What is the Purpose of a Coursework?

What is the Purpose of a Coursework?
When asked what is the purpose of the coursework, students respond with a variety of answers. Some say that the objective of a class is to teach students about a particular subject. Others say it is to learn about a particular skill or learn about a subject in a more detailed manner. Still others explain that the course is an important component of the educational experience. All of these answers are correct; however, the purpose of coursework varies among students.

Most schools begin the term of a course by teaching all of the major topics. At this point, they establish objectives for each section of the coursework and assign homework to students. The teacher will grade homework based on his or her classifications and assignment schedule. Objectives are established because a course must be effectively taught and understood. It is also necessary to establish objectives to help motivate students to learn and perform well.

Once objectives have been determined, each unit of coursework must be assigned and its relative responsibilities outlined. Within each topic or course segment, there will usually be assignments that determine the student’s learning objectives. These objectives set the completion date, the number of pages required, how the work must be done, and what results must be expected. A course’s objectives establish the course’s purpose.

There is no right or wrong answer to what is the purpose of the coursework. It depends on the teacher, the class, and the student. It is important to remember that the purpose of the coursework is not only to teach students the material, but also to create an atmosphere where learning objectives are consistently enforced. This occurs through the sustained repetition of learning objectives and their associated learning actions.

Students must regularly repeat activities within the coursework in order to reinforce the learning objectives. Repeated activities help students retain the information and concepts they have absorbed and to reinforce that information through association. When learning objectives are repeated, students retain those objectives as part of their memory. They become so attached to them that when they face that learning objective again, they are reminded of what they already know. In fact, this knowledge base is passed on from teacher to student. The result is that students do not need to look at the objectives again in order to recall their meaning; they can remember it because it has become part of their memory.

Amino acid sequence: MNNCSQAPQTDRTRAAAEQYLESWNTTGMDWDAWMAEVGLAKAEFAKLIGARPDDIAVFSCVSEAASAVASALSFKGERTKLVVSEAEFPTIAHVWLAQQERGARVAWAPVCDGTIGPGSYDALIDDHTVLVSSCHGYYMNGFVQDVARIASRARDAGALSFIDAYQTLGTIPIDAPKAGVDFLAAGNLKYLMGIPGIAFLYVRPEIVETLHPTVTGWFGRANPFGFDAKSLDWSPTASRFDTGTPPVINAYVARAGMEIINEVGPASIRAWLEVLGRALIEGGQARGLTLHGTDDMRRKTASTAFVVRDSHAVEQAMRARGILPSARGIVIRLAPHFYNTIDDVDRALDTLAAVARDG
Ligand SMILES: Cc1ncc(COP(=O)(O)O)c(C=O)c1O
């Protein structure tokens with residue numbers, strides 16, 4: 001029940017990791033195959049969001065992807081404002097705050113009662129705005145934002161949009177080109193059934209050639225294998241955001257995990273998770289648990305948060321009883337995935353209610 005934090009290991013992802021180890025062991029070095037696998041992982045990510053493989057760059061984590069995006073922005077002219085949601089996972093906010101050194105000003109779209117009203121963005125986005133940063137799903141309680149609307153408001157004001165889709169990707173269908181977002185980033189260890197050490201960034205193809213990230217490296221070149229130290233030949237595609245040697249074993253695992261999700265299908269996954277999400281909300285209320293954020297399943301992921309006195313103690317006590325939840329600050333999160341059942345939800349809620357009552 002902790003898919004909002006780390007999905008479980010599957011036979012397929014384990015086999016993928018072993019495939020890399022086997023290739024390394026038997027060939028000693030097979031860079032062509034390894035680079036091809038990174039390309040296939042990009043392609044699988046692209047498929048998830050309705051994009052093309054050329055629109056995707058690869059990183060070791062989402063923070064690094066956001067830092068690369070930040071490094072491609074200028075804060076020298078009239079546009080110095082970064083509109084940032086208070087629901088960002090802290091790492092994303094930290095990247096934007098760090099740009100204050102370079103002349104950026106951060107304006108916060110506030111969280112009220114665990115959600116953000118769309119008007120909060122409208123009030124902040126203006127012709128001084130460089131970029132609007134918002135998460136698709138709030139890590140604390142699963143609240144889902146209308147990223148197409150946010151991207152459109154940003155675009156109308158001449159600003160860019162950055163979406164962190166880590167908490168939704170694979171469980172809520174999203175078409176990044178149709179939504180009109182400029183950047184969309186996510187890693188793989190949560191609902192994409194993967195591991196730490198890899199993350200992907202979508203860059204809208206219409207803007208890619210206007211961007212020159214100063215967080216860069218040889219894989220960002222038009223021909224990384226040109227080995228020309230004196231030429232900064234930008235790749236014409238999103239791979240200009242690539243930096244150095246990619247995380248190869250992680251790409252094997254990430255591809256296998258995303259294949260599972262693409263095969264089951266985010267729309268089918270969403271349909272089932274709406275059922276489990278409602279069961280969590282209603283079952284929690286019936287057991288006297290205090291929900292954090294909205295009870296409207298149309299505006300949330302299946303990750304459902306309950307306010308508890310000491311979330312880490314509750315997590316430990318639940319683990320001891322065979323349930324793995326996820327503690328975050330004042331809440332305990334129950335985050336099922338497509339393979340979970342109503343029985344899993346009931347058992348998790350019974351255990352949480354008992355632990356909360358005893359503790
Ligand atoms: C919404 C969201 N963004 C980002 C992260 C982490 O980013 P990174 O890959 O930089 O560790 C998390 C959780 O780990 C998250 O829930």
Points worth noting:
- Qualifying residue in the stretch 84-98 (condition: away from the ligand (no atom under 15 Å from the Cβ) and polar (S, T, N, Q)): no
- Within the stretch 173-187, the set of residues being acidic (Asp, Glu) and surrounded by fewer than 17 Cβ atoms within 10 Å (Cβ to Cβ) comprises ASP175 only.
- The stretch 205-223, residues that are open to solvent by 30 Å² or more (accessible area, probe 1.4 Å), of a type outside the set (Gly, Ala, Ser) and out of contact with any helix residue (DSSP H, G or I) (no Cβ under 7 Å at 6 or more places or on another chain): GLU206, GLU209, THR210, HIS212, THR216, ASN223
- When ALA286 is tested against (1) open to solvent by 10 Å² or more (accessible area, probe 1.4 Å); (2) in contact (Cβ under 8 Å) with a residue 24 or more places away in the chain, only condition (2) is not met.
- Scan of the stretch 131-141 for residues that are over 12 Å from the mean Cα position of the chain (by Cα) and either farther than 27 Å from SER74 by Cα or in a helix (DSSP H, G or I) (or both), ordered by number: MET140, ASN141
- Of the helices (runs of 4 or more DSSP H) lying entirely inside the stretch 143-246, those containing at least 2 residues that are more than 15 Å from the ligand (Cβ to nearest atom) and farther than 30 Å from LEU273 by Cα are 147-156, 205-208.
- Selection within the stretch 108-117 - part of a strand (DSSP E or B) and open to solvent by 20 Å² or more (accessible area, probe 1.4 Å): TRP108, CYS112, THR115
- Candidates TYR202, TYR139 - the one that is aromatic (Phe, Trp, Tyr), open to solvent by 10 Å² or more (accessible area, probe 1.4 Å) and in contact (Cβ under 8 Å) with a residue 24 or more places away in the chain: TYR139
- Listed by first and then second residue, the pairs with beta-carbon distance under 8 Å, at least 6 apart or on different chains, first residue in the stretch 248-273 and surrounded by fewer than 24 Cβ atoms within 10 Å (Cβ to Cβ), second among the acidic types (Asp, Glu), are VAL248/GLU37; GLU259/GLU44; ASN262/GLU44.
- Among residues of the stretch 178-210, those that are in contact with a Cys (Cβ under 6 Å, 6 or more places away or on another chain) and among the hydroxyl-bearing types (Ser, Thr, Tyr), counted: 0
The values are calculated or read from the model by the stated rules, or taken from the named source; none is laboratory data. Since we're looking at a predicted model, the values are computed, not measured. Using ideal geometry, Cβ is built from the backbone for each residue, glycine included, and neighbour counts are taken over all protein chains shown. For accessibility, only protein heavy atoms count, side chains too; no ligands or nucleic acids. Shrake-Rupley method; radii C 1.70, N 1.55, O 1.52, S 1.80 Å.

As students progress through a course of study, they will learn new things and new objectives. What is the purpose of a coursework then? Again, it depends on the learning objectives, the level of the class, and the teacher. At the higher levels of learning, the purpose of coursework becomes increasingly important to ensure that all students are satisfied with the class work, especially since the more complex the course, the more it will take to satisfy all of the students. It is at this point that the value of coursework begins to become clear.

At the lower levels of learning, what is the purpose of a coursework becomes less important because it is assumed that the students will find the objectives interesting and that they will work hard to achieve them. In some cases, the objectives themselves serve as a reward for students. This is often the case with academic essays and papers, which are seen as the culminating achievements in a student’s academic career. At other times, however, what is the purpose of a coursework becomes not only an assumption about the level of learning in a class but also about the nature of the teacher’s involvement with the class.

When considering what is the purpose of the coursework, both its importance to the development of the learning environment and the reasons for its emergence as a significant part of the curriculum, one could ask what it is really about. In the simplest terms, coursework is a set of activities designed to help students learn more about the subject of interest. While many instructors assume that their coursework has no deeper meaning than the assignment it produces, the reality is much different.

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